And it's this drive, on all sides, to create crises, that creates the pushback. Of all of the reasons for "How Trump Happened," perhaps the most relevant, the statement about finding people jobs, only tells half the story. A voter in Pennsylvania made the very insightful statement that "People want what they had." People who have worked their way up the ladder for 20 years don't want to be retrained into the entry-level jobs of the future. They want the positions (or, perhaps more accurately, the money and the standing) they earned in the past, regardless of how unrealistic or unsustainable in the long run that might be. Their response to a possible crisis that demands that they change - and come out the poorer for it - is to seek out someone who will tell them that the crisis is not real - that it was created at the behest of a change consultant who decided that, out of perversity masquerading as the "national interest," that a crisis must be "provided."
If Democrats had spent the past 8 years making sure that their policies actually worked for people who didn't vote for them to those people's satisfaction (more or less), people wouldn't care about bathrooms, smoking and taxes on pop. There wouldn't be a President Trump, in the same way that if Republicans had done the same between 2000 and 2008, there wouldn't have been a President Obama. Jonah Goldberg noted that Donald Trump is the third consecutive President to promise to unite the country, and that he's going to be the third consecutive President to fail. And I think that this is because he's not going to be able to direct Republican energy away from consolidating Culture War "victory" at the expense of more Liberal/Progressive elements of society in the same way that President Obama was unable to direct Democratic energy. Because while "unity" is an easy thing to say, it's a harder thing to accomplish, because the fact of the matter is that the parties depend on a certain amount of partisan support to advance themselves and their policies. And policies that benefit the opposition as well as the partisan are hard sells. The opposition don't trust the motives and the partisan feel betrayed. The result is that, partisan energy is channeled into partisan solutions that become crises to the opposition. So what will happen is that the Trump Administration will provide enough crises that the Left will eventually end up in Crisis Mode, while the Right will think that they've earned the gratitude and loyalty of the fickle and the pendulum will swing back the other way, to yet another round of Republican recriminations. And the cycle will continue.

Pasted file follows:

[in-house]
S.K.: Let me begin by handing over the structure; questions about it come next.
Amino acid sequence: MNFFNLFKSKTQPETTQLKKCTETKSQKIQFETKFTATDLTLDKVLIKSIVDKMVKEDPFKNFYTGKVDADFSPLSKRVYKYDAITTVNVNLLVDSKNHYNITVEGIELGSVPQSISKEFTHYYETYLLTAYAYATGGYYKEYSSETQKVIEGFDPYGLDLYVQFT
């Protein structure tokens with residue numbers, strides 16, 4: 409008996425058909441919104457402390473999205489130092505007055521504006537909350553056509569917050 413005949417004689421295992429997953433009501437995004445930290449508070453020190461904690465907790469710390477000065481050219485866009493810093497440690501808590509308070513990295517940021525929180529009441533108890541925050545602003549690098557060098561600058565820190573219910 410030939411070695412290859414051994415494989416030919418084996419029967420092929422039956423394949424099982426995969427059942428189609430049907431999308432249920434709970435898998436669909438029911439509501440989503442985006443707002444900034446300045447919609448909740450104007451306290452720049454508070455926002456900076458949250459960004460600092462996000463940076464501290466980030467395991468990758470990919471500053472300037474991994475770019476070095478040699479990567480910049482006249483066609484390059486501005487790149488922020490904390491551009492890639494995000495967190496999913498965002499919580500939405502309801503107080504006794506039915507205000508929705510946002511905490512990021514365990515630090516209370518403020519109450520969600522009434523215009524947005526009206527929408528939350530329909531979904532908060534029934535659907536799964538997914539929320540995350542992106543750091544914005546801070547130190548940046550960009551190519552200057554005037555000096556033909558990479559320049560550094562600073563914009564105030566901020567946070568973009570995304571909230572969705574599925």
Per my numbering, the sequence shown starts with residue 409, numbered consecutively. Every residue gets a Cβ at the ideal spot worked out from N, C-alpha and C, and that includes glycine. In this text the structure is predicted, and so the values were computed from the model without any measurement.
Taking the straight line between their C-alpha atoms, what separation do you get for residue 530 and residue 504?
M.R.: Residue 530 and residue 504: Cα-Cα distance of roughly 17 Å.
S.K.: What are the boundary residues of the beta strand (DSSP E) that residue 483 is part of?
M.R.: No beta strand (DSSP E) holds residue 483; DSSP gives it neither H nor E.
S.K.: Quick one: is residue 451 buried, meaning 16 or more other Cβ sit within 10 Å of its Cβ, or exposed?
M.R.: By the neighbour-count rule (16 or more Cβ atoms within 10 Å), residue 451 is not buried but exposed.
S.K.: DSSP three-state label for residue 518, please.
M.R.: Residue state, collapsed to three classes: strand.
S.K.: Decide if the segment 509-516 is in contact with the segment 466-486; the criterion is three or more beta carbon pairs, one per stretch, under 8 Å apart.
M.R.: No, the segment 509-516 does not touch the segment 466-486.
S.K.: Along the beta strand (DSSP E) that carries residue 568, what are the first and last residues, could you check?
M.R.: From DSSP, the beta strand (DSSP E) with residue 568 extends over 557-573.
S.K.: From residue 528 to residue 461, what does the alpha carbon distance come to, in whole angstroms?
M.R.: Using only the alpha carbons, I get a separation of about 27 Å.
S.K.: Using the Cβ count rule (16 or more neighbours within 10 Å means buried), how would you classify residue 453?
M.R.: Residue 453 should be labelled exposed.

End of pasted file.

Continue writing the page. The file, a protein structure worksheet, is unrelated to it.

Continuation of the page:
I suspect that someone's already writing their angry screed.
H/T: Adam Bragg.